Lily Adler has successfully solved two mysteries already, and she’s not looking for a third when she goes for dinner with the handsome Matthew Spencer, a widower who has a home near her aunt’s in the country, where she has come for a visit with her friends. At dinner, they hear tales of a haunted house nearby. The family has a terrible time keeping servants because of the Grey Lady who floats ethereally through the halls of nearby Belleford Manor. Intrigued, Lily and her friends arrange for a visit the next day.
However, their tour, conducted by Mr Thomas Wright, is interrupted when his sister Selina discovers the body of their mother in her bedroom, which has of course been locked from the inside. Naturally, suspicion first falls upon the ghost. But there are several other suspects as well. Lily interviews staff both present and former, and begins to poke into the lives of the Wright family. But will this draw unwelcome attention to her own life?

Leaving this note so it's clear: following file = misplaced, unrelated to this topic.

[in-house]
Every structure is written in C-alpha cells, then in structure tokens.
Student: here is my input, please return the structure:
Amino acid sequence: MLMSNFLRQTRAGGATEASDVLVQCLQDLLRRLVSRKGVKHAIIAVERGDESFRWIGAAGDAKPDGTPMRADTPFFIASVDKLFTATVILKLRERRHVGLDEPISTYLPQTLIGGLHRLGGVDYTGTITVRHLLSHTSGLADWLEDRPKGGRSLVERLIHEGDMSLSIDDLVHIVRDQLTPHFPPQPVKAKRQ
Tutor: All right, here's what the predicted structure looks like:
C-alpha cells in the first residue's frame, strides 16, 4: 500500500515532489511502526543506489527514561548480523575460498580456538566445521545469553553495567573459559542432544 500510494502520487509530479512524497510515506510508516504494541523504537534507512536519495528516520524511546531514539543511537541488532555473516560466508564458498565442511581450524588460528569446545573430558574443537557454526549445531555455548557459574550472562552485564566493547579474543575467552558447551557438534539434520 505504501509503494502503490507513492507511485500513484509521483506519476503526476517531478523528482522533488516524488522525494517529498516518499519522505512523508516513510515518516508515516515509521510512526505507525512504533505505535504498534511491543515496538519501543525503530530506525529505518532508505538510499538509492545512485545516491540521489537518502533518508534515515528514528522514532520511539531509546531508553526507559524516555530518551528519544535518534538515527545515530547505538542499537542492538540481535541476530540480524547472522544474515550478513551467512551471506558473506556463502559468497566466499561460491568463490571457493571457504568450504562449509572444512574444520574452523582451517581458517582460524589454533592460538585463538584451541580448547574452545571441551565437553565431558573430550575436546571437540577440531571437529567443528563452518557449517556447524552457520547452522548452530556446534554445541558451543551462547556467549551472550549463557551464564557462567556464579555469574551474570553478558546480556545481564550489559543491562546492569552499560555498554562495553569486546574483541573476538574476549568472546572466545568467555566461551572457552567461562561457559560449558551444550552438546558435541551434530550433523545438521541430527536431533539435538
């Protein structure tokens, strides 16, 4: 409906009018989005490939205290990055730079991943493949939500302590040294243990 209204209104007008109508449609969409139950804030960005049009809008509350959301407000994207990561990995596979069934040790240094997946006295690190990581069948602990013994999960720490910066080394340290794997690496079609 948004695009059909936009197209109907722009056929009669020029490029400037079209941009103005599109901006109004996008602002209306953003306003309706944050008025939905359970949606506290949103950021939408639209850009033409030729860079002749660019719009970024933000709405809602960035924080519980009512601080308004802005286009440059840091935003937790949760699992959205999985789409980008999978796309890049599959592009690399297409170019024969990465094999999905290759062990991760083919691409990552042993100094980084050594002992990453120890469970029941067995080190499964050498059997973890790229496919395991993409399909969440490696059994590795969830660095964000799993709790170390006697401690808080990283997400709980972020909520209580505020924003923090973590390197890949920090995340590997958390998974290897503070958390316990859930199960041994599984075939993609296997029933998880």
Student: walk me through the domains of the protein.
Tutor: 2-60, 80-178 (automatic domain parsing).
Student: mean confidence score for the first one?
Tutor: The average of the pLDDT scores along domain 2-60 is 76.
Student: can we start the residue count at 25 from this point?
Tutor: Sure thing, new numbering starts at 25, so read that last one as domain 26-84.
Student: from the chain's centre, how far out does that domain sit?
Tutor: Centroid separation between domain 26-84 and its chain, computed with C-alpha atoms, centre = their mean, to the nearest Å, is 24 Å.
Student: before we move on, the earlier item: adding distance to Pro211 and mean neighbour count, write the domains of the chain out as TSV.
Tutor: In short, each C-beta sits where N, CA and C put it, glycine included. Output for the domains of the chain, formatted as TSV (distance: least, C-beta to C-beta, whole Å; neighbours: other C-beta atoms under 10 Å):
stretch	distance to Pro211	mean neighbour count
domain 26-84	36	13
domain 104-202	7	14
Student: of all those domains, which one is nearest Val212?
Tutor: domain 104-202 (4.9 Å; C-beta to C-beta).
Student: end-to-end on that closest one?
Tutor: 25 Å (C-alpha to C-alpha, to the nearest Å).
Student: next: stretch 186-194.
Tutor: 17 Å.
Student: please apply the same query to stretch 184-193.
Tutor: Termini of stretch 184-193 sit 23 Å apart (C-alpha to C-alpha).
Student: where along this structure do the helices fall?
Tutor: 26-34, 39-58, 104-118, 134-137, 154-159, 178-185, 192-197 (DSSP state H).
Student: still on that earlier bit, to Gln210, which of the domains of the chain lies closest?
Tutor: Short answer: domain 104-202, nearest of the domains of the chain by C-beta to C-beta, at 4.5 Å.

Death at the Manor is the third Lily Adler book, and the best in my opinion. Lily is growing into herself as a character. The series, set in Regency times, would qualify as cozy mysteries, but the historical settings and the fact that they don’t shy away from the realities of the time make them somewhat deep and more complex than such a categorization would normally be. It’s a great read as we step into fall.
Katharine Schellman is a former actor, one-time political consultant, and now the author of the Lily Adler Mysteries and the Nightingale Mysteries. Her debut novel, The Body in the Garden, was one of Suspense Magazine’s Best Books of 2020 and led to her being named one of BookPage’s 16 Women to Watch in 2020. Her second novel, Silence in the Library, was praised as “worthy of Agatha Christie or Rex Stout.” (Library Journal, starred review) Katharine lives and writes in the mountains of Virginia in the company of her husband, children, and the many houseplants she keeps accidentally murdering.